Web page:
The art and lighting are the soul of a design. They need to be layered in. Art on the wall and dimensional pieces placed around the room, on tables for example. A great lighting plan includes ceiling, table top, and accent for overall illumination, task, and sparkle. I select classic styled furniture so it stands the test of time. Much interest comes from the jewelry – art and lighting. Think little black dress with statement jewelry. It’s the statement jewelry that communicates the feeling – aka art – and the lighting is integral to the mood. Chandeliers and sconces are both – sculptural art and lighting. They can create a statement all by themselves, which is often how I use them. John Richard chandeliers and sconces are fantastic for this.
3. How would you describe your design style?
Classic elegance with a hip vibe. Given the inspirations I just discussed – imagine furniture with clean, traditional lines creating comfort paired with evocative art, lighting, and accessories.
GRAY is the color of intellect, knowledge and wisdom. It is perceived as classic, refined, dignified, and conservative. Gray is a perfect neutral that lives between the extremes of black and white.
Like diamonds set in platinum or white lace over gray satin, these tones are both fresh and classic in fashion, jewelry and home décor. Gray, silver and white are elegant neutrals that enhance exceptional design. In Vogue Magazine, New Jersey-based interior designer Beth Diana Smith states that ‘Gray’ will continue to reign in 2017. “We will see different tones of gray, a lot of gray and white, and gray in deeper colors, it’s the sort of color that complements a full spectrum of shades…”
These latest designs from John-Richard, in furniture, lighting, mirrors and accessories, show that these sophisticated new neutrals are right on trend.
Held at the Mayflower Grace, the Day of Design brings together architects, interior designers, stylists and writers to tell their stories and inspire those who love design.
“It is just as disastrous to have the wrong accessories in your room as it is to wear sport shoes with an evening dress.” — Dorothy Draper
Most of us know to strap on the heels with evening wear but falter when it comes to the styling and decorating of our own home. The big questions….what to add, what to take away and how it will all work together are endless. Day of Design’s experts will share secrets about revealing beauty through simplicity, embracing cultural references, making statements with objects and how to integrate the interior with the outdoors. All these discussions will take place on Saturday, June 18th in a charming shingled tea house where participants and panelists can arrange themselves on comfortable sofas and armchairs.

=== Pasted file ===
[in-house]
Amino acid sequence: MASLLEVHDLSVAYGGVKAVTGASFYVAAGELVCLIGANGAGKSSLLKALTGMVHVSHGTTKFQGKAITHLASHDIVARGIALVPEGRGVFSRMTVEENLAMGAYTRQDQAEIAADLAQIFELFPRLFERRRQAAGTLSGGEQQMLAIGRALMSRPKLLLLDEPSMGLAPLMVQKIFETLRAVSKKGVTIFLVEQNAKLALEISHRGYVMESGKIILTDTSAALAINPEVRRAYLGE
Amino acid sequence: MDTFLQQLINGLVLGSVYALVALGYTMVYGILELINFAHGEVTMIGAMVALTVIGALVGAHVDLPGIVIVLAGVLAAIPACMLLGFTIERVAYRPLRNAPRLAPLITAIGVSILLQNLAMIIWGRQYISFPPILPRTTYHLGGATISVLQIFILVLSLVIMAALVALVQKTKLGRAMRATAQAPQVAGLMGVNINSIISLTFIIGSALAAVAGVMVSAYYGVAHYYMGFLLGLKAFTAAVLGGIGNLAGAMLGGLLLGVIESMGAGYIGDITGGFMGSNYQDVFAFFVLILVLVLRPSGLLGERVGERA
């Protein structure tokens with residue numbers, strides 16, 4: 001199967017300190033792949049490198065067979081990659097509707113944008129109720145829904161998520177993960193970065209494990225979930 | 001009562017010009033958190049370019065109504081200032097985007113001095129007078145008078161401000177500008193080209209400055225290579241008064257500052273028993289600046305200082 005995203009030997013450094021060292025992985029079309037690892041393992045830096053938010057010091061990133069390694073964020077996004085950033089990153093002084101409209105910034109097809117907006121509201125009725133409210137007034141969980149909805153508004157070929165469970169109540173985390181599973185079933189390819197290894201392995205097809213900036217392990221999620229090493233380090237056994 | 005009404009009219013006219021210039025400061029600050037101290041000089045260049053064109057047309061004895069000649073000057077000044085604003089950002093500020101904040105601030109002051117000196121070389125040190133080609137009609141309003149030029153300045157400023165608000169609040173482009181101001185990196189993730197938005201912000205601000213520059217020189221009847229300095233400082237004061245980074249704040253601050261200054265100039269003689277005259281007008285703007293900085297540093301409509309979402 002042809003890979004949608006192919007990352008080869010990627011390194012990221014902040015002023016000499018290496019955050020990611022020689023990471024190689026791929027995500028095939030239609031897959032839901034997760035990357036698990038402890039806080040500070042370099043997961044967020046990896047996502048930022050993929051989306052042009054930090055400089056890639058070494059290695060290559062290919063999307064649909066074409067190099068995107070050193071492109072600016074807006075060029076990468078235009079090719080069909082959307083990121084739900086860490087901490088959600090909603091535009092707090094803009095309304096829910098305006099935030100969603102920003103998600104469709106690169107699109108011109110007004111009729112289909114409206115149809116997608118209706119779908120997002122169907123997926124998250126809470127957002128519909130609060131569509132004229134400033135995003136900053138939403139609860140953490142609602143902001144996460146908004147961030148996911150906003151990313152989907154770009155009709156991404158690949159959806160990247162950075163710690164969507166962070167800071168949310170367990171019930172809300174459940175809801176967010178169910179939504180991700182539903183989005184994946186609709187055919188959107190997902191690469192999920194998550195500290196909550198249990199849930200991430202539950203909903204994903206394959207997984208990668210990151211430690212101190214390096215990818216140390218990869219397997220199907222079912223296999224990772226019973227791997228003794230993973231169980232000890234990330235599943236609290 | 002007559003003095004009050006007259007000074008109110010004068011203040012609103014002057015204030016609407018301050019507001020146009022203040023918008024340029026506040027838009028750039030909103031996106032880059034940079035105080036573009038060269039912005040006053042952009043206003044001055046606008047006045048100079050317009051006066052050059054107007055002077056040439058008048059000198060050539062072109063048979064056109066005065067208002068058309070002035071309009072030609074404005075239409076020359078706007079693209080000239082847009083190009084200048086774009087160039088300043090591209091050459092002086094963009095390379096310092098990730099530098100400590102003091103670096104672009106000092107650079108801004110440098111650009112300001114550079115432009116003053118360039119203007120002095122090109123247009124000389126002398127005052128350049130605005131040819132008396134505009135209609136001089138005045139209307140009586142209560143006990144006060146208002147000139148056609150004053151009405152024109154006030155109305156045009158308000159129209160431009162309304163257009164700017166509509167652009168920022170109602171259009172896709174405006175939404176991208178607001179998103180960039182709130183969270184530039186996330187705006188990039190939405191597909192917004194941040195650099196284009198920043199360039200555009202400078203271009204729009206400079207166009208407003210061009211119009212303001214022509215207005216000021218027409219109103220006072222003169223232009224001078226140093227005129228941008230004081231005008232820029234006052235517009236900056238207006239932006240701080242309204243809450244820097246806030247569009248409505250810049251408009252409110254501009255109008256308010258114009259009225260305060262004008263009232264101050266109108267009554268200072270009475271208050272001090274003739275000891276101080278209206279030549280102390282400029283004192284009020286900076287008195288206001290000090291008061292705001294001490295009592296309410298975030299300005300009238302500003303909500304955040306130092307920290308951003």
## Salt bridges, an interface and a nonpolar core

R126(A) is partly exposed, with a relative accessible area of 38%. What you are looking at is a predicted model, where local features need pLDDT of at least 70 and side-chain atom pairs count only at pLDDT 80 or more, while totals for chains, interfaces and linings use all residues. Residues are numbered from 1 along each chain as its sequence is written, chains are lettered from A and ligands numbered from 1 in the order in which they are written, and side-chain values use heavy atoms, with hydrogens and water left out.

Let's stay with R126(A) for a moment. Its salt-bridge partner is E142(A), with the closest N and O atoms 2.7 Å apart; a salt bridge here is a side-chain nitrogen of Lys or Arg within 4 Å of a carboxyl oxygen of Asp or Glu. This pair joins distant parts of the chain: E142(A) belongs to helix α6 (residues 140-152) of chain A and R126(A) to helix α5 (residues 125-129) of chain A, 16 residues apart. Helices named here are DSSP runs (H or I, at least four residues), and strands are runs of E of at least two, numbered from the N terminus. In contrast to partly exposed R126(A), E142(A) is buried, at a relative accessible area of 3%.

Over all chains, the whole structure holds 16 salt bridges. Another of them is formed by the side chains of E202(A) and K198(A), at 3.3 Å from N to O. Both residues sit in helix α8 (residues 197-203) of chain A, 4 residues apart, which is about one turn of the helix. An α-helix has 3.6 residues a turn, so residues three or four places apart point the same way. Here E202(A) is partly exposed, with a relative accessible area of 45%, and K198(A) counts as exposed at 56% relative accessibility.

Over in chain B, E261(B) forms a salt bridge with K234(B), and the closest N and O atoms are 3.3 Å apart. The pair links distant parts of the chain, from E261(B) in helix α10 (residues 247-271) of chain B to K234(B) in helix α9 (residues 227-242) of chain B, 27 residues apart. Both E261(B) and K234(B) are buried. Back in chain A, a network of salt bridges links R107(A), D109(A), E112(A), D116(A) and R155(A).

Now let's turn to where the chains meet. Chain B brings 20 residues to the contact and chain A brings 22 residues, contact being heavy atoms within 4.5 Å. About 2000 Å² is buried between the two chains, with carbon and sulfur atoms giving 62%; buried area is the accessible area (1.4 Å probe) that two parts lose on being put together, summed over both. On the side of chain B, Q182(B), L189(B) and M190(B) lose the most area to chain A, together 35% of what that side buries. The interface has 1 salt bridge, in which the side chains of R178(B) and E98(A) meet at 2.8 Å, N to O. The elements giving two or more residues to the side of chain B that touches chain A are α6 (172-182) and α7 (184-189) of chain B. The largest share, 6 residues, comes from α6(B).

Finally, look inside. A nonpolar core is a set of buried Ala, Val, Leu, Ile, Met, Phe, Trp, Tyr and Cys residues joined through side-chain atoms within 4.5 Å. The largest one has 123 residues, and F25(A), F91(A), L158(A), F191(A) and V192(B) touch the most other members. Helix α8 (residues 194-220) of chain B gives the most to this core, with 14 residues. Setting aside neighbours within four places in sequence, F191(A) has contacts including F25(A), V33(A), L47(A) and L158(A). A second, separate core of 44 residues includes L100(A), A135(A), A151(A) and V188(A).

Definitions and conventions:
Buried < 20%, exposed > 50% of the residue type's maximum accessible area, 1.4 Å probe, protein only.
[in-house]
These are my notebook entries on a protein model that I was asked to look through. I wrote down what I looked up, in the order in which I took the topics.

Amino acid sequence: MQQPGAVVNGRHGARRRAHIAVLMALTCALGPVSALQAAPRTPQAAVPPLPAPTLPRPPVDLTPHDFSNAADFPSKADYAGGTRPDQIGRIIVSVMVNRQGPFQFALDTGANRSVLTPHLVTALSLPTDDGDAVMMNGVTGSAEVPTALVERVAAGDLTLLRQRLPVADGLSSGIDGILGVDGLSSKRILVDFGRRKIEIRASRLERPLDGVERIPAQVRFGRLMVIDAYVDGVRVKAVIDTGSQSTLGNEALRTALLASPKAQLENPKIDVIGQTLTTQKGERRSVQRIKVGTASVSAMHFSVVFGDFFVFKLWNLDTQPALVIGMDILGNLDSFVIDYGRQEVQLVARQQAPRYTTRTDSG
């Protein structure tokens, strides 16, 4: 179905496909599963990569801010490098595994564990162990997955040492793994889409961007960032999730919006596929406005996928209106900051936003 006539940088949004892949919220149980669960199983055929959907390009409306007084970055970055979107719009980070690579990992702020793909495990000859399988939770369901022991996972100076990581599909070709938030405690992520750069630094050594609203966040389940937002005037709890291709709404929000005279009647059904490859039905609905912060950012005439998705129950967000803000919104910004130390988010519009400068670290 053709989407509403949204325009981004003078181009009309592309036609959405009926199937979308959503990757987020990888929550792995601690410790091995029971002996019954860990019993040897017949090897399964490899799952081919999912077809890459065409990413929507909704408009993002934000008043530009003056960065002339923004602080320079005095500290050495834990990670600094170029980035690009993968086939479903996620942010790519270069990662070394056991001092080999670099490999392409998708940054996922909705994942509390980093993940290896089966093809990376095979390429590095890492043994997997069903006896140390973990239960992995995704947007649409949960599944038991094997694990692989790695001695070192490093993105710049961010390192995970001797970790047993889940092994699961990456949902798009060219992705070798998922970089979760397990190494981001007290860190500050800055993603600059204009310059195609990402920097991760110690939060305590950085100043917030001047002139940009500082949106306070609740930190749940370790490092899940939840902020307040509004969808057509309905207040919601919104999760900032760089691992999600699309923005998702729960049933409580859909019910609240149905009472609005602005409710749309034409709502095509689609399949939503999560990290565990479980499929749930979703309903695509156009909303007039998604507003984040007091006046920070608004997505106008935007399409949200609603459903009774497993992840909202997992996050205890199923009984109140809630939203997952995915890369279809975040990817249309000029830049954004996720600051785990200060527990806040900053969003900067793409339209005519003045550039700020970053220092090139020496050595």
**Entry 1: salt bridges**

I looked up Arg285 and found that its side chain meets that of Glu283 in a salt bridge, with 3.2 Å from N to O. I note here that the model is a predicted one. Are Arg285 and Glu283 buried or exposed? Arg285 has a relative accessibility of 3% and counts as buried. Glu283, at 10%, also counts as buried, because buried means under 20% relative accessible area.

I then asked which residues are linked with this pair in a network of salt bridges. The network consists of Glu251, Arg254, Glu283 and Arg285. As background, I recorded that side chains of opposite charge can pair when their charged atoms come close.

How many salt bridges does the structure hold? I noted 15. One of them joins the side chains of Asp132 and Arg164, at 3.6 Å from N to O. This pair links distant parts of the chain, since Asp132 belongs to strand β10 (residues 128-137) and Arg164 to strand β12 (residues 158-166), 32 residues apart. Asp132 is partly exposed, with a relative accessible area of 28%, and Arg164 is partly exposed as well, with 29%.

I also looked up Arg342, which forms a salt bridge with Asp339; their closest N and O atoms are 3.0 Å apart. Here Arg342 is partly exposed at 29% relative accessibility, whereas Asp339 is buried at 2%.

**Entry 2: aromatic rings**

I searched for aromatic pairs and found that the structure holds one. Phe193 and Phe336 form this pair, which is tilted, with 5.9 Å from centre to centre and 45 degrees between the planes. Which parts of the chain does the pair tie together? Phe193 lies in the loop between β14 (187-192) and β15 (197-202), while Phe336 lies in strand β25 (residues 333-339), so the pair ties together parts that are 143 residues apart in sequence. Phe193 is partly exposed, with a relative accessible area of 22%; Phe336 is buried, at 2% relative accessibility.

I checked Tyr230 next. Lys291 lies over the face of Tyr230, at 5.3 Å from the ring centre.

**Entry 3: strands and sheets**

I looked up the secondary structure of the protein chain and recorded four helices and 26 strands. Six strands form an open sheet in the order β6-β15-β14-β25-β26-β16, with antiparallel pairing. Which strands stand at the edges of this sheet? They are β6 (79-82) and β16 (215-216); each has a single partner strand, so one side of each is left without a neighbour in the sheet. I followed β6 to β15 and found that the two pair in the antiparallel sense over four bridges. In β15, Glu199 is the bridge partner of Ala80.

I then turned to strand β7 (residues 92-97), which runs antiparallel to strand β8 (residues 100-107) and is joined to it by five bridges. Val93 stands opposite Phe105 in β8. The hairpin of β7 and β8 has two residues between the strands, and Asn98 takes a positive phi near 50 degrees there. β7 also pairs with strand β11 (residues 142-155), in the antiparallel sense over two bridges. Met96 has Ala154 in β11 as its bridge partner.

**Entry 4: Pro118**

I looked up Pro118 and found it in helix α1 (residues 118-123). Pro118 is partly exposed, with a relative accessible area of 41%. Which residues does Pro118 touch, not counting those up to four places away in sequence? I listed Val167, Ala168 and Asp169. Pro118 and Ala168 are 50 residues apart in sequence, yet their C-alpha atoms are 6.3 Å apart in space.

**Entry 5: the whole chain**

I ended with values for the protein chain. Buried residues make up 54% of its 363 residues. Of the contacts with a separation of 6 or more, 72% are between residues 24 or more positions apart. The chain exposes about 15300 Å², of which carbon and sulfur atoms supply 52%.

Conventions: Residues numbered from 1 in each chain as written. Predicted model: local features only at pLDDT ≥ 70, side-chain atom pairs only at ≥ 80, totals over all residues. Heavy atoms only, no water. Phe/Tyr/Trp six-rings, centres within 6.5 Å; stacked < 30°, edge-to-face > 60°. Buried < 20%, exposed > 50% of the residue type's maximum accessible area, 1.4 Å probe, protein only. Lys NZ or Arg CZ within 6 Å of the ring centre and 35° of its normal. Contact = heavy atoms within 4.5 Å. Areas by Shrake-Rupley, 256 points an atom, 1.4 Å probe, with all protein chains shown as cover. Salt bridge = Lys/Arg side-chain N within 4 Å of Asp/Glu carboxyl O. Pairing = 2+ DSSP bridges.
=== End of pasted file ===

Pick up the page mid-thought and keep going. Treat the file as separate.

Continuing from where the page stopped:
The first morning panel is entitled The Beauty of the Undone: Discovering Simplicity in Design and pairs interior designer Michael De Perno and Andrew Fry with Kyle Hopener, Editor in Chief of New England Home Magazine. De Perno and Fry are the owners of the latest design shop destination in New Preston, Plain Goods. Both De Perno’s portfolio of work and the interior of Plain Goods are perfect examples of this aesthetic. This will be followed by The Allure of the South: How the Region tells its Narrative through Design headlining an authentic group of Southern style arbiters including Elizabeth Ralls, Editor in Chief of Atlanta Homes and Lifestyles as well as designer duo Michael Mitchell and Tyler Hill who hail from Charleston, SC. They will be joined by Washington’s own Kathryn McCarver Root, originally from Memphis, TN, and the owner of the fine art photography gallery KMR Arts.
Lunch is al fresco, overlooking the Shakespeare Garden, on a patio with round tables shaded by white umbrellas. A day at this iconic New England Inn is a time for these design professionals to relax, share resources, make connections and discuss the subtleties of interior design with the attendees. When asked what he found special about the event, Robert Couturier aptly said, “Maybe, because in such an idyllic and calm atmosphere it is easier to think, we don’t have to go anywhere, there is no time pressure and it is always enriching to find out how the others think and to discuss how differently we all work. I love doing it!!”
Kicking off the afternoon is a discussion with design maven and author Susanna Salk about the subject of her latest Rizzoli published book, It’s the Little Things: Creating Big Moments in Your Home with the Stylish Small Stuff. Joining her on the panel are Stacy Kunstel, stylist and co-owner of Dunes and Duchess (with her partner, photographer Michael Partenio) and Kati Curtis, an interior designer who has been getting rave reviews for her room at the Kips Bay Decorator Show House.
This will be followed by a panel with the world renowned architect and interior designer, Robert Couturier and the talented Washington-based architect Harold Tittmann. This panel, Architecture: Connecting Interiors with the Landscape, is certainly an apropos subject for one of the most popular counties for country homes. Moderator for this panel, as well as Allure of the South panel, is the insightful Stacey Bewkes of the premier design blog Quintessence.
After the panels, there will be a Meet the Designer cocktail party on the porch of the Tap Room, as well as a book signing coordinated by the Hickory Stick Book Shop. Designing Paradises by Robert Couturier as well as a selection of Susanna Salk’s books will be available for purchase.
John-Richard is thrilled to be the presenting sponsor. The media partner for Day of Design is New England Home, one of the very best design publications in the country. For the third straight year, the 5 Star Relais & Chateaux property, The Mayflower Grace will be the host of the event.
Saturday, June 18th Program starts at 10:00 am
The Mayflower Grace 118 Woodbury Road Washington, CT 06793